The call from the deep
It is an object of worship and a work of art at the same time: the altar in the lower church. A bone of contention, also for questions about its origin, function and message.
by Grit Jandura
When visitors enter the lower church, their gaze is quickly drawn to the black and gray monolith in the center of the room. It clearly stands out from the otherwise predominant sandstone tone of the floor, walls and vault. The altar stone stands exactly where the four arms of the Greek cross form of the lower church meet, directly below the apex of the cross vault.
The unevenly hewn ashlar appears massive, yet it is approachable. People are not afraid to approach it and trace its message. It is by no means obvious; and that is desired. "I like the idea that things are not what they seem at first," says Anish Kapoor, one of the world's most respected artists of our time. He created the stone in 1996.
Born in Mumbai in 1954 to an Indian Hindu father and an Iraqi Jewish mother, he grew up among cultures and religions, drawing inspiration and strength from them. He turned to art as a teenager and, after a few years on an Israeli kibbutz, went to England to study. He has lived there ever since. In his multiple award-winning works, he addresses the great themes of existence, working with contrasts: garish colors or the deepest black, mirror-like reflections or light-consuming surfaces. By accepting the commission for an altar stone for the Lower Church, Anish Kapoor was the first artist with Jewish roots to create an altar for a German church since 1945.
That there should be an altar in the former crypt rooms of the Frauenkirche, which were to be converted into a lower church, was already clear at the beginning of the reconstruction. However, the implementation was preceded by numerous discussions because it involved a new interpretation of a historical site. "With the modern design of an altar, which had never existed at this location, we wanted to set a sign from the time when the Frauenkirche was reconstructed true to the original," explains retired state conservator Prof. Gerhard Glaser. He won Anish Kapoor for the project. With him, as well as with those responsible for the foundation, architects, monument conservators and church representatives, many questions had to be clarified. Where should the altar be placed and what should it be made of? Should it show references to the Bähr room or be a point of contrast?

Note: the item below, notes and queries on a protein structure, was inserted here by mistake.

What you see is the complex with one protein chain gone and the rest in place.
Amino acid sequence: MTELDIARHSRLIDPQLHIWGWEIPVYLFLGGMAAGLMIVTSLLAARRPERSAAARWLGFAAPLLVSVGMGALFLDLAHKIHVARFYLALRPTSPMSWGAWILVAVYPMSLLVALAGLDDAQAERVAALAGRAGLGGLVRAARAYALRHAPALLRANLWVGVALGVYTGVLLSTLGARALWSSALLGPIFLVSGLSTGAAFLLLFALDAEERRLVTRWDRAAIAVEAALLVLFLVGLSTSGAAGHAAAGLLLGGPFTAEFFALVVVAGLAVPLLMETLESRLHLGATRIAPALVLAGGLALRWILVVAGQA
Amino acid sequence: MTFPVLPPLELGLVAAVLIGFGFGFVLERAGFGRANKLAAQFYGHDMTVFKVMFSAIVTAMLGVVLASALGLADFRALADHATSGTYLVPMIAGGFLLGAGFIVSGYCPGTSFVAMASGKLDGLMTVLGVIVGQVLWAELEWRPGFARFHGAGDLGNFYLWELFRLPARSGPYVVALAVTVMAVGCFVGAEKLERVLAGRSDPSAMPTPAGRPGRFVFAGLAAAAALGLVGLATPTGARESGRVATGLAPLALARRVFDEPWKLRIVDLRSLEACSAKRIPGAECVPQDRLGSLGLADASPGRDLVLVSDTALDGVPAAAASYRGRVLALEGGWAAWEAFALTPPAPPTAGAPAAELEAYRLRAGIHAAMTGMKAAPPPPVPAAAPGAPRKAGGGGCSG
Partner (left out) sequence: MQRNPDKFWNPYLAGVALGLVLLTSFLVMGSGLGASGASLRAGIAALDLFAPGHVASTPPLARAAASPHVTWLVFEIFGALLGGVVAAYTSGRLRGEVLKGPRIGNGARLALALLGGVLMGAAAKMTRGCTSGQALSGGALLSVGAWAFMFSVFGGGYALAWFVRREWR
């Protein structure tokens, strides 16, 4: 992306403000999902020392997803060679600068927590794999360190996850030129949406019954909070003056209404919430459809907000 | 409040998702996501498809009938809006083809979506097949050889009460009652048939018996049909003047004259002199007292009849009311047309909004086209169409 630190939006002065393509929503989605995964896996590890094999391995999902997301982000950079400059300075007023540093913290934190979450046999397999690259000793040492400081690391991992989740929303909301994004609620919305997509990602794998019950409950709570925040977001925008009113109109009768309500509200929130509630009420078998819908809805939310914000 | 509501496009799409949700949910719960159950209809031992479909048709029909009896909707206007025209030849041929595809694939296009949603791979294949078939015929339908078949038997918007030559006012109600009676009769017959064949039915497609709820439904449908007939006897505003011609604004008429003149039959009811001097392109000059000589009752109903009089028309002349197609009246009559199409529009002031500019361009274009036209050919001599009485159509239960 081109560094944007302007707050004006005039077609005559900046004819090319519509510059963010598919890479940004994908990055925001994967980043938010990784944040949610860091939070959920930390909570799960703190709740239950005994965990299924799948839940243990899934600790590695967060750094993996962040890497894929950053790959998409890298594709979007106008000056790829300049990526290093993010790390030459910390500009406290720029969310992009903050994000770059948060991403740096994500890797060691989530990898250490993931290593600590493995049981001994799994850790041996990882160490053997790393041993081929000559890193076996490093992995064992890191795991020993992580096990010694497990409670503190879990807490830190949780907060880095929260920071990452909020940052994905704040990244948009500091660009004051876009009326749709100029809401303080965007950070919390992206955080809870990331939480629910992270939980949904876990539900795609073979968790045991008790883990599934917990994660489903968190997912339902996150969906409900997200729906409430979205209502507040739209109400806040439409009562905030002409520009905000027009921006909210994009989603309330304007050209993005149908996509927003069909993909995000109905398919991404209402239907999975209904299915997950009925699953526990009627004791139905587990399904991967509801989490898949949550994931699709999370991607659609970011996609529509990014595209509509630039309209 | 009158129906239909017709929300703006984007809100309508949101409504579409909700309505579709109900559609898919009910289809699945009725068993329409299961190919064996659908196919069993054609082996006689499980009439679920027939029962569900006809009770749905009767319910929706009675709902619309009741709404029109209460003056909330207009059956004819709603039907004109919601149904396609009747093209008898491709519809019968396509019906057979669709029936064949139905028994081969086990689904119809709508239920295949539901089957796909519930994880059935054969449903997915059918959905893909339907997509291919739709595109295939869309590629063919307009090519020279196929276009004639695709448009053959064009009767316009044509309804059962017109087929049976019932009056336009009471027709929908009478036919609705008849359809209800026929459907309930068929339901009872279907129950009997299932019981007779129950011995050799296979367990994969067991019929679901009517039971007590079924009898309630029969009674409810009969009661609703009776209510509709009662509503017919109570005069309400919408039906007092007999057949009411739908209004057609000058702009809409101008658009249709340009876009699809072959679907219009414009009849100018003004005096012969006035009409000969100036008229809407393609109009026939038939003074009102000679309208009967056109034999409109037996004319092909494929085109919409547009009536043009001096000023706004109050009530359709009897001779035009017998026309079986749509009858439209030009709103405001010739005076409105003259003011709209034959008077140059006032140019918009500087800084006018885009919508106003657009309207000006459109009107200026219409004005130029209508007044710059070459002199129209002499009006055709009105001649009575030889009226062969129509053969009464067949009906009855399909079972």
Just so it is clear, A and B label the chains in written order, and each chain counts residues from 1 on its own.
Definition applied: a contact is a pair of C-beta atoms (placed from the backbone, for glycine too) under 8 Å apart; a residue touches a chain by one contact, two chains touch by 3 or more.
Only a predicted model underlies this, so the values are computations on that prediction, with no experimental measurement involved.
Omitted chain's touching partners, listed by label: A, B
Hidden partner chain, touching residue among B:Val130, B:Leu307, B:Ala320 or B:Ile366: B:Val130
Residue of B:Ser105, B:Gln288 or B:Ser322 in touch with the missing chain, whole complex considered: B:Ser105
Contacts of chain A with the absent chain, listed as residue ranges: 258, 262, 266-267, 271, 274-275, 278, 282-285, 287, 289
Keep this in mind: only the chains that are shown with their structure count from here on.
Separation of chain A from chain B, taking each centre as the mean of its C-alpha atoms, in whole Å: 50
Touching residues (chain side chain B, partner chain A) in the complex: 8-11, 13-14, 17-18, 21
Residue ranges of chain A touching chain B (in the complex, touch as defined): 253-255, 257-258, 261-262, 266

There was quickly agreement on the location in the center of the room, which radiates out in all directions. The importance of the liturgical function made the argument that a central stone would be disadvantageous for the concert use of the lower church recede. The concealment of Bähr's historic perpendicular, which had been found in the foundations, was also accepted. Material and form were discussed more controversially. In order to be recognizable as an independent new element, Anish Kapoor proposed limestone. This natural stone from Kilkenny, Ireland, is dull gray and coarse in its unprocessed, natural form, but can also appear polished and jet black through special processing. For the altar of the lower church, Kapoor finally combined both. He designed the altar mensa as a smooth surface with a distinctive funnel-shaped depression. He left the sides naturally rough.
The rough stone arrived at the construction site in May 1996. Shortly before the main vault of the lower church was closed, the 11-ton block was lowered by crane. Then, in July, Anish Kapoor began the artistic work. The altar was put into service on August 21, 1996, with the consecration of the lower church. In his sermon, Bishop Volker Kreß also addressed the ambiguity of the monolith, which was still unfinished at that time. He said that it provokes reflection, but clarifies what belongs to the depth of our faith. It can be understood as an ear placed to the earth, "in search of heart sounds in a heartless time". Or, conversely, as an "amplifier that wants to bring the calls from the depths to God's ear." All visitors are free to add their own interpretation.